5th Division

The history of 5th Division

This division was under command of II Corps and as such was part of the original British Expeditionary Force. It remained on the Western Front until late 1917 when it moved to Italy. It is officially reconised as particpating in the following battles end engagements:

Under command of Major-General Sir C. Fergusson

1914

  • The Battle of Mons (23-24 August) and subsequent retreat (to 5 September), including
    • The Action of Élouges (24 August; only 1st Norfolk and 1st Cheshire Regiment of 15th Infantry Brigade)
    • The Battle of Le Cateau (26 August)
    • The Rearguard Action of Crépy-en-Valois (1 September; only 13th Infantry Brigade)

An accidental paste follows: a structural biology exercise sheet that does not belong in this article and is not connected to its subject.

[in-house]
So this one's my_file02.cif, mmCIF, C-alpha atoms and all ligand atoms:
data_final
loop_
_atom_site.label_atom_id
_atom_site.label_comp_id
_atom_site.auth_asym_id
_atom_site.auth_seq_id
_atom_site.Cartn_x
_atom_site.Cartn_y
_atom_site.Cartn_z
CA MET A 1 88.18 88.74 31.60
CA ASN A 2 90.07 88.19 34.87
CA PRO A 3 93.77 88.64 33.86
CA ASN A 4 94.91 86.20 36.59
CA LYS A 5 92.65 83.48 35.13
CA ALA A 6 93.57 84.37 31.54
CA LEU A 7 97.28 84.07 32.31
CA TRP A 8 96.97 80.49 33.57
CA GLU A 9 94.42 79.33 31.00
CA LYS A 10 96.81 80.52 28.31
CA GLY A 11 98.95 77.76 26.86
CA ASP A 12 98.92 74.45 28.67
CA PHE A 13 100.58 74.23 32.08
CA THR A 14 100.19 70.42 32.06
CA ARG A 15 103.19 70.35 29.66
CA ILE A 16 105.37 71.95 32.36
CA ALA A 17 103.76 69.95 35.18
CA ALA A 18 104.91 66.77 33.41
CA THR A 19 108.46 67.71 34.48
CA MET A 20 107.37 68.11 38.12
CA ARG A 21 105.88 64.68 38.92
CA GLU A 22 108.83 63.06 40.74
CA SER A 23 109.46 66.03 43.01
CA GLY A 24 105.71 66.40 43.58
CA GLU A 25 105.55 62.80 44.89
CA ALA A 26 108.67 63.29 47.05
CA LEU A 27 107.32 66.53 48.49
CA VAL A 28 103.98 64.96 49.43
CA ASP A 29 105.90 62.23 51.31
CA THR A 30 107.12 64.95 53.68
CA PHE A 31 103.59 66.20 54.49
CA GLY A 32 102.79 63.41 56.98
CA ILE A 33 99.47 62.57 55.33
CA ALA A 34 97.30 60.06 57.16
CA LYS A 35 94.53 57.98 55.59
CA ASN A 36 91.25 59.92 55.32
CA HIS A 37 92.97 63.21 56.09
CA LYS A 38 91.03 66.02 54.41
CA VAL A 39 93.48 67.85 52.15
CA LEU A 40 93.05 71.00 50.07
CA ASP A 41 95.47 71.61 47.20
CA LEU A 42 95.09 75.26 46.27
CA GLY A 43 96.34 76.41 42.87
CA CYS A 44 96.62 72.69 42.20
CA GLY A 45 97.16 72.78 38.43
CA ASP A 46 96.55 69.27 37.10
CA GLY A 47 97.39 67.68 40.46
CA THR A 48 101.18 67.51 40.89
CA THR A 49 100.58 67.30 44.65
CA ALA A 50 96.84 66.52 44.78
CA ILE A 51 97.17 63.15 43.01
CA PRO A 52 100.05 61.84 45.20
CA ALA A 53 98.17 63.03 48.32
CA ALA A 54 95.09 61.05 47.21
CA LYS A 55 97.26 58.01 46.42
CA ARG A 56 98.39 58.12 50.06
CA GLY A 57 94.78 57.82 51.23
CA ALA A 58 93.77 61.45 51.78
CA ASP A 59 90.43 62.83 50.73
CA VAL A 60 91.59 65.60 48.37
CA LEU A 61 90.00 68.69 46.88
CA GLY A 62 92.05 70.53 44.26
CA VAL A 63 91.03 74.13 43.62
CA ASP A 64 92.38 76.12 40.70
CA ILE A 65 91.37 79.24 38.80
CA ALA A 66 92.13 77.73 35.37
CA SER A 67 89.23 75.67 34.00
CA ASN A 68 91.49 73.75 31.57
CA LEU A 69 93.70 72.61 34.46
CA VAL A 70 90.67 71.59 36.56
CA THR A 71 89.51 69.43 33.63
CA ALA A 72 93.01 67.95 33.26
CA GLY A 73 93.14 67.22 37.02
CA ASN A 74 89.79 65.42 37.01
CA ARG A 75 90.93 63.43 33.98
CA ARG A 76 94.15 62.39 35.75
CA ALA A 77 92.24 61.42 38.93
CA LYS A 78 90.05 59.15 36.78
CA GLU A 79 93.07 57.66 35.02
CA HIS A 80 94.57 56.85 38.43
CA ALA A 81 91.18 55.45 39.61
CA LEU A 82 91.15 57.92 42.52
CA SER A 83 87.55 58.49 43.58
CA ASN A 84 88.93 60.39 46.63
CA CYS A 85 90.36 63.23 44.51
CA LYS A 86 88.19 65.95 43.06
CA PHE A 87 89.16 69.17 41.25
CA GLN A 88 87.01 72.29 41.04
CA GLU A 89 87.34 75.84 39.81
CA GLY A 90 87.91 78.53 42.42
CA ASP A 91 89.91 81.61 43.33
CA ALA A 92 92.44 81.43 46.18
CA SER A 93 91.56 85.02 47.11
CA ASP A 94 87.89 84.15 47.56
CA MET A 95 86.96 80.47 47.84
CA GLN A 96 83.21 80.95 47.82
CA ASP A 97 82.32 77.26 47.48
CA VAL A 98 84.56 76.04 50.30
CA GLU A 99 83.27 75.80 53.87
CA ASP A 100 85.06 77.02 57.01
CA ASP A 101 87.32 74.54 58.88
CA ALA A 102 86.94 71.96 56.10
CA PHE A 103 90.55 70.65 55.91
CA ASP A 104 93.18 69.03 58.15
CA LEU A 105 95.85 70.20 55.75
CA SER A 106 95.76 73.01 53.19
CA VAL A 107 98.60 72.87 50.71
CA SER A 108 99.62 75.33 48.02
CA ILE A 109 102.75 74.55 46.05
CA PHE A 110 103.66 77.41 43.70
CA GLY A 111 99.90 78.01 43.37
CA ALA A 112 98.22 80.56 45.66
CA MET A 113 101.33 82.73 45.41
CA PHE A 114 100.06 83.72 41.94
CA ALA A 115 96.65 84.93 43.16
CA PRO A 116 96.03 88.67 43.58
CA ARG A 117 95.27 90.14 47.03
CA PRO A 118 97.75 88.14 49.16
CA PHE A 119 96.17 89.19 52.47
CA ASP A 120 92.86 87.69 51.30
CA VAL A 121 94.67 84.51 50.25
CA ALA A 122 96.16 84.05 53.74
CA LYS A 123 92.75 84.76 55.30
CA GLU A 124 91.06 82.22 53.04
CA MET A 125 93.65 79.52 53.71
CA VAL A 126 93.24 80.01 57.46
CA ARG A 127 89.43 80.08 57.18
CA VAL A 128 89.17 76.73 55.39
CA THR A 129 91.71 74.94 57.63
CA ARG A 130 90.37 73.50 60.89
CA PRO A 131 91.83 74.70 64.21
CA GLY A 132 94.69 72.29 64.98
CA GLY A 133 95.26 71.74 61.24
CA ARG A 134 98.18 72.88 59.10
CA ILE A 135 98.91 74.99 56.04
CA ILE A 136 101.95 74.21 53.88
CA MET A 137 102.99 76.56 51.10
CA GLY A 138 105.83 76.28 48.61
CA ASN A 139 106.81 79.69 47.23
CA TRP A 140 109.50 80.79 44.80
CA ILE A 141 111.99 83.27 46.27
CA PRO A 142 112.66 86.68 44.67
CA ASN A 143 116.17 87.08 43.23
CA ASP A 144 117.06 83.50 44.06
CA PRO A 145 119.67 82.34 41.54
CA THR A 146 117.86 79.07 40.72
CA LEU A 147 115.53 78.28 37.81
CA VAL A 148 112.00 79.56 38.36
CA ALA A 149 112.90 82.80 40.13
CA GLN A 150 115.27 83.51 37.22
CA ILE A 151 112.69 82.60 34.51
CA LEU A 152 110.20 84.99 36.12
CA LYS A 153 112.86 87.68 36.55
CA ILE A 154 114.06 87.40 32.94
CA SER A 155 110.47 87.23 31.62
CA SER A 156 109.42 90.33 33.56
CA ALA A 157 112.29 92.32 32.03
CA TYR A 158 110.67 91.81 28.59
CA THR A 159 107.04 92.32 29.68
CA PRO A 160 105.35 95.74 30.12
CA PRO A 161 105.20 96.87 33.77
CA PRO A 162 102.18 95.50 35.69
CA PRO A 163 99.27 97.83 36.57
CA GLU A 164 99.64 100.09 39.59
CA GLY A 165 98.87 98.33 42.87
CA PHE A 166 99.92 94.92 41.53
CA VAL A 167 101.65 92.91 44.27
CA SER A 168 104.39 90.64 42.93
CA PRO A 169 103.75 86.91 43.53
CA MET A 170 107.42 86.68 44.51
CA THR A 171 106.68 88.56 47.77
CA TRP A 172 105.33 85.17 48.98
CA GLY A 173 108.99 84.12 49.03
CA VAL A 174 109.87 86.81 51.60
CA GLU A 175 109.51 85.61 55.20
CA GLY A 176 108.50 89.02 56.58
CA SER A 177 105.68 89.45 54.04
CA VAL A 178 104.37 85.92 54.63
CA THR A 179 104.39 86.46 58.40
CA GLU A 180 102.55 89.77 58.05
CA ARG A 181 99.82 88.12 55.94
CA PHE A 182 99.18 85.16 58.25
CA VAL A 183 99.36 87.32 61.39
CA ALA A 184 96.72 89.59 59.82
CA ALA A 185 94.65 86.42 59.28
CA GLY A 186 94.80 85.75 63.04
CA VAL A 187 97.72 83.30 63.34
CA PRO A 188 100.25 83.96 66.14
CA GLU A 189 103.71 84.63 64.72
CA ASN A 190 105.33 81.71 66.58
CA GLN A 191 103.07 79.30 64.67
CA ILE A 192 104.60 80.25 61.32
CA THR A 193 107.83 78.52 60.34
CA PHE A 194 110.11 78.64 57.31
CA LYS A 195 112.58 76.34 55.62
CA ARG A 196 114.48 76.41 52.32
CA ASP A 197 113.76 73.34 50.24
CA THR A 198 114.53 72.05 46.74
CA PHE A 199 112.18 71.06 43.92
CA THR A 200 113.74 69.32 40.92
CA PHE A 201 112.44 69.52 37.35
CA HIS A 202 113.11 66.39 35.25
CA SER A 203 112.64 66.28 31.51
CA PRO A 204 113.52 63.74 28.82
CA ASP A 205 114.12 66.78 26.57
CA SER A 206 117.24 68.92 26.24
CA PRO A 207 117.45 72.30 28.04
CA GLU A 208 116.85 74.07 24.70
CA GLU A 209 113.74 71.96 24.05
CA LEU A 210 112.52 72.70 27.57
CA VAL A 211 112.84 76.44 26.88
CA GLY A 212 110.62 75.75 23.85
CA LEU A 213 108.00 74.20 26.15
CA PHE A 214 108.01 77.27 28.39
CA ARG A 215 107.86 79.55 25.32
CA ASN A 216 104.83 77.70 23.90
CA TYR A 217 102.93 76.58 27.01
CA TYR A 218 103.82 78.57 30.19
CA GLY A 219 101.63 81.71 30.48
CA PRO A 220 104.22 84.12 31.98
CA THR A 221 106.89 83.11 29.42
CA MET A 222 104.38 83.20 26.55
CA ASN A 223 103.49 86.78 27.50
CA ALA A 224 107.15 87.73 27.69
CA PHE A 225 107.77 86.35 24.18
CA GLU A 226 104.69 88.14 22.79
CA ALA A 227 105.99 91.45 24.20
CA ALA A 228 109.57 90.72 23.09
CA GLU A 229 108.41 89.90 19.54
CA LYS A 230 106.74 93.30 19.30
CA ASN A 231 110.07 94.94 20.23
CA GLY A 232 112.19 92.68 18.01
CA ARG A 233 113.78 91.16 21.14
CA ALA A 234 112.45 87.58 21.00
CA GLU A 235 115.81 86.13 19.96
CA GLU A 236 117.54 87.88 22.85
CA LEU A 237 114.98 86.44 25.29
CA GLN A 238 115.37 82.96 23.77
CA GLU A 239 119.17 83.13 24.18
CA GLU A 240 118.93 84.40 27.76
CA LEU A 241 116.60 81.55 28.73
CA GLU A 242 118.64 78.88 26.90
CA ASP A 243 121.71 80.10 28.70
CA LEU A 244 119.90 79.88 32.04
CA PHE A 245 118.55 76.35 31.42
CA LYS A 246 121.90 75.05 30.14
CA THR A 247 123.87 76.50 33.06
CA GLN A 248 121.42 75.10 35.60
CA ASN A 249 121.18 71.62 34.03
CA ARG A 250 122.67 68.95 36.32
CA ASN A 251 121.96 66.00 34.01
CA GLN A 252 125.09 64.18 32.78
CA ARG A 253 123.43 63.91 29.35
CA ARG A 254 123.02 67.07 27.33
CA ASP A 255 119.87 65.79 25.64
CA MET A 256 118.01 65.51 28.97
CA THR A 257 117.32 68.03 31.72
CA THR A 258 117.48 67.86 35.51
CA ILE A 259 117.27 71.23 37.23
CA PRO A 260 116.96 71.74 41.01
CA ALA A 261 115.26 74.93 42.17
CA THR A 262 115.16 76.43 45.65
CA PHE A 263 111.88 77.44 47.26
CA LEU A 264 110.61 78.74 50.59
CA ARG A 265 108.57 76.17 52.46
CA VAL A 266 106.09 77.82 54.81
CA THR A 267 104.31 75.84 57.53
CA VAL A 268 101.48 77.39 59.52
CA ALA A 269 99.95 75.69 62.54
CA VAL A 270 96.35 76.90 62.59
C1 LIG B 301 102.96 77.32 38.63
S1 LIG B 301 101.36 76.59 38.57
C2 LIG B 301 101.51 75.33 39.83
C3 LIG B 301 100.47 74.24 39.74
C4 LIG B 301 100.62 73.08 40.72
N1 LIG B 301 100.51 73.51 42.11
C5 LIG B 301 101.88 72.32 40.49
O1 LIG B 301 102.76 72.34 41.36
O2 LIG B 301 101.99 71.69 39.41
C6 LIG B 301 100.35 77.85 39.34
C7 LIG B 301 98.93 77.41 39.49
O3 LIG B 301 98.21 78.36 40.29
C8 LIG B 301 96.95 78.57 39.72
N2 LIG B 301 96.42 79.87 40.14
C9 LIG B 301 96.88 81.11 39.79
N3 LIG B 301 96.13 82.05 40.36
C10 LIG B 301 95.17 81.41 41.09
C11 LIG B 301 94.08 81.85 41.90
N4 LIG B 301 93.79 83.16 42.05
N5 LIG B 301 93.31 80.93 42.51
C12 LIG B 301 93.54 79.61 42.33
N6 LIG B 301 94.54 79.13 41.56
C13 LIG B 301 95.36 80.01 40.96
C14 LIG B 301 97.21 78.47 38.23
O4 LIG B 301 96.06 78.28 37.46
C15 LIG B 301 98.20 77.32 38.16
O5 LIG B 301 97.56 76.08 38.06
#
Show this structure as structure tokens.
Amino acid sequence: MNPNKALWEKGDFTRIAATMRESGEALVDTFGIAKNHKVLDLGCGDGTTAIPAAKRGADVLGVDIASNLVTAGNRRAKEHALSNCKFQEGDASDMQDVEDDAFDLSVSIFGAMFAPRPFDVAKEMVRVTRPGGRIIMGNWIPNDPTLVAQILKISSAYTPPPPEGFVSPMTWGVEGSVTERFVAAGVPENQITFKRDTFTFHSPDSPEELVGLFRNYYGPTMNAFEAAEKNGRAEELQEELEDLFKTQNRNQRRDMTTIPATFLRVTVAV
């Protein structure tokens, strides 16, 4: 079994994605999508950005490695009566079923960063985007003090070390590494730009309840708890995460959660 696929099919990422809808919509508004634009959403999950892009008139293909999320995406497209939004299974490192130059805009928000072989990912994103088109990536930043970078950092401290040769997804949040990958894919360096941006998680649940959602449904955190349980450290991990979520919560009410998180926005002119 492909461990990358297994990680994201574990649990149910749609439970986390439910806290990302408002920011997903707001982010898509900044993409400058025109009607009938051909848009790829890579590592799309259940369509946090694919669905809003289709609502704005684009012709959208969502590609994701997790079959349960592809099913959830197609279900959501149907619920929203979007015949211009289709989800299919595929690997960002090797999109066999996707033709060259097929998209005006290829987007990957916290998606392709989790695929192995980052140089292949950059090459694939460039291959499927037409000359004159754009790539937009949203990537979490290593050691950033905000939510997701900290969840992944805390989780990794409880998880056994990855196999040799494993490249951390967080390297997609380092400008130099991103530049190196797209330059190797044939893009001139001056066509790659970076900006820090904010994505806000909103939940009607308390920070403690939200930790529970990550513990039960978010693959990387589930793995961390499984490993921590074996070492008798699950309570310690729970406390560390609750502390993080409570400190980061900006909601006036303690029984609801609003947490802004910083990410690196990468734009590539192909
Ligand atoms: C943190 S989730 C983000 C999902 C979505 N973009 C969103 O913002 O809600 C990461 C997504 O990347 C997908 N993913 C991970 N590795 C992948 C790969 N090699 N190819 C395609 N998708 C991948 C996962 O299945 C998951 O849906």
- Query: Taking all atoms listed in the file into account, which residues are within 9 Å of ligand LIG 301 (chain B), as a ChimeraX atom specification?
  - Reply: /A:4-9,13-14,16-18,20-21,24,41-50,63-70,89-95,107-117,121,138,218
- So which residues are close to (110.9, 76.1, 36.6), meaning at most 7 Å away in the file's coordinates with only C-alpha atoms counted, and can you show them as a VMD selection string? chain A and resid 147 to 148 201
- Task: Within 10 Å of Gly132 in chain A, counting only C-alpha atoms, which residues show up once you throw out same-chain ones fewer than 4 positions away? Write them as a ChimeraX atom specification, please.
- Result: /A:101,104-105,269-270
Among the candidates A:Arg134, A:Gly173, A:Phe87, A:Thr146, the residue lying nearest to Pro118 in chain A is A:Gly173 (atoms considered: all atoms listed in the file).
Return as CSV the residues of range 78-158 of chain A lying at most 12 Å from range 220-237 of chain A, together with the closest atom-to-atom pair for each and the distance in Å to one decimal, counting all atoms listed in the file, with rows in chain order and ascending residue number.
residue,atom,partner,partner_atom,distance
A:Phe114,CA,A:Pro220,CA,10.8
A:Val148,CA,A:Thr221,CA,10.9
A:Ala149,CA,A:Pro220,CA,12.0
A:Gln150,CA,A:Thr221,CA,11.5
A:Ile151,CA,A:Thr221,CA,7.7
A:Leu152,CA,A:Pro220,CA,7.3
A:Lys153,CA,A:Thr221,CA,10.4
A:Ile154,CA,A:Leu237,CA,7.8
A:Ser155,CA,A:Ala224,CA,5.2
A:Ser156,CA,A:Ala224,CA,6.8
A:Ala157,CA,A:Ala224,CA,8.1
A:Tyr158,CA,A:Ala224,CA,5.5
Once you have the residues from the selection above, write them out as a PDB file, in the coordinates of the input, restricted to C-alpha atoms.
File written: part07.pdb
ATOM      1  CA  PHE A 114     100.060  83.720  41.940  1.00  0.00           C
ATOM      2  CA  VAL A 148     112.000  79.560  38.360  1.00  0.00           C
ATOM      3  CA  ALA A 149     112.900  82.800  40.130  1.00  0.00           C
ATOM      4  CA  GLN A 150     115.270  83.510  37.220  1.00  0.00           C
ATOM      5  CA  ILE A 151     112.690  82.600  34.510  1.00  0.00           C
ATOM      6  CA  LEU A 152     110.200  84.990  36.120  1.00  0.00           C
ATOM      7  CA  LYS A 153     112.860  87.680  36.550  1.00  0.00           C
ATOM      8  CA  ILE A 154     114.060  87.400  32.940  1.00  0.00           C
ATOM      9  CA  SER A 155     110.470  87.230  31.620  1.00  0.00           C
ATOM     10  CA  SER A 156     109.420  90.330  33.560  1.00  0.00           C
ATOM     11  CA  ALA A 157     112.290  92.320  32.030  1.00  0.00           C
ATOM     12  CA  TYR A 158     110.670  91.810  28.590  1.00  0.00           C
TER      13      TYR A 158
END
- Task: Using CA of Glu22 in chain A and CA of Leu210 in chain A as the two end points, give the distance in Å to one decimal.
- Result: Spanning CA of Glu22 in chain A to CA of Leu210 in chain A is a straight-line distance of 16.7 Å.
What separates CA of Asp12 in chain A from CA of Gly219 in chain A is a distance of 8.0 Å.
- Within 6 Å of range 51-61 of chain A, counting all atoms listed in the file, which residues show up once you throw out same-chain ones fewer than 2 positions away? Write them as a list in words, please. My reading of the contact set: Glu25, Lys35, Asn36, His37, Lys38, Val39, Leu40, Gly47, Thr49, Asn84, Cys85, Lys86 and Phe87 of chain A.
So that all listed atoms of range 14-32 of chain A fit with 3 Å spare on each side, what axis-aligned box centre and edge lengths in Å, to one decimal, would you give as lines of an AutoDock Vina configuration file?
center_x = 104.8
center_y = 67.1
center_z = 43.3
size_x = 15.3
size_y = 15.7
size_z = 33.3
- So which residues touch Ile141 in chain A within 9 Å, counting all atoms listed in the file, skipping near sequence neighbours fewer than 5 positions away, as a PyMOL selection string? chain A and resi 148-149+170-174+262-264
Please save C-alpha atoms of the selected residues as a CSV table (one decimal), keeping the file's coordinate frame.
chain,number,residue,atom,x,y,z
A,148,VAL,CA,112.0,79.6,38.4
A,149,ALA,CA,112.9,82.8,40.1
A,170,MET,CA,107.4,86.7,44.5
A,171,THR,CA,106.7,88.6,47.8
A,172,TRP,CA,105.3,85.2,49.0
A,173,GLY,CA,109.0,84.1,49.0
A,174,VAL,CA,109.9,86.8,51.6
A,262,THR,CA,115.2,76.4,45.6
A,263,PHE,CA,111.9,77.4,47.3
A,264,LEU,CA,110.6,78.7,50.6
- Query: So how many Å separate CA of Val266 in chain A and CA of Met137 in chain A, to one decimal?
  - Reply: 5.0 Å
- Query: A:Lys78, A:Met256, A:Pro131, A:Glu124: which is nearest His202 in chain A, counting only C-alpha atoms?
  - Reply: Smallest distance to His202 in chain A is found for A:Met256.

• The Battle of the Marne (7-10 September)
  • The Battle of the Aisne (12-15 September)
  • The Battle of La Bassée (10 October – 2 November)
  • The Battle of Messines 1914 (12 October – 2 November; 2nd King’s Own Scottish Borderers and 2nd King’s Own Yorkshire Light Infantry of 13th Infantry Brigade under temporary command of the Cavalry Corps)
  • The Battle of Armentières 1914 (13 October – 2 November; only 1st Dorsetshire Regiment of 15th Infantry Brigade under temporary command of III Corps)

On 18 October, with Major-General Sir C. Fergusson having been ordered home to take command of 9th (Scottish) Division, he was succeeded by Major-General T. N. L. Morland

  • The First Battle of Ypres in its phase the Battle of Nonne Bosschen (11 November; only the remainder of 15th Infantry Brigade and under temporary orders of 3rd Division under command of I Corps)

1915

  • The Capture of Hill 60 (under II Corps) (17-22 April)
  • The Second Battle of Ypres in phases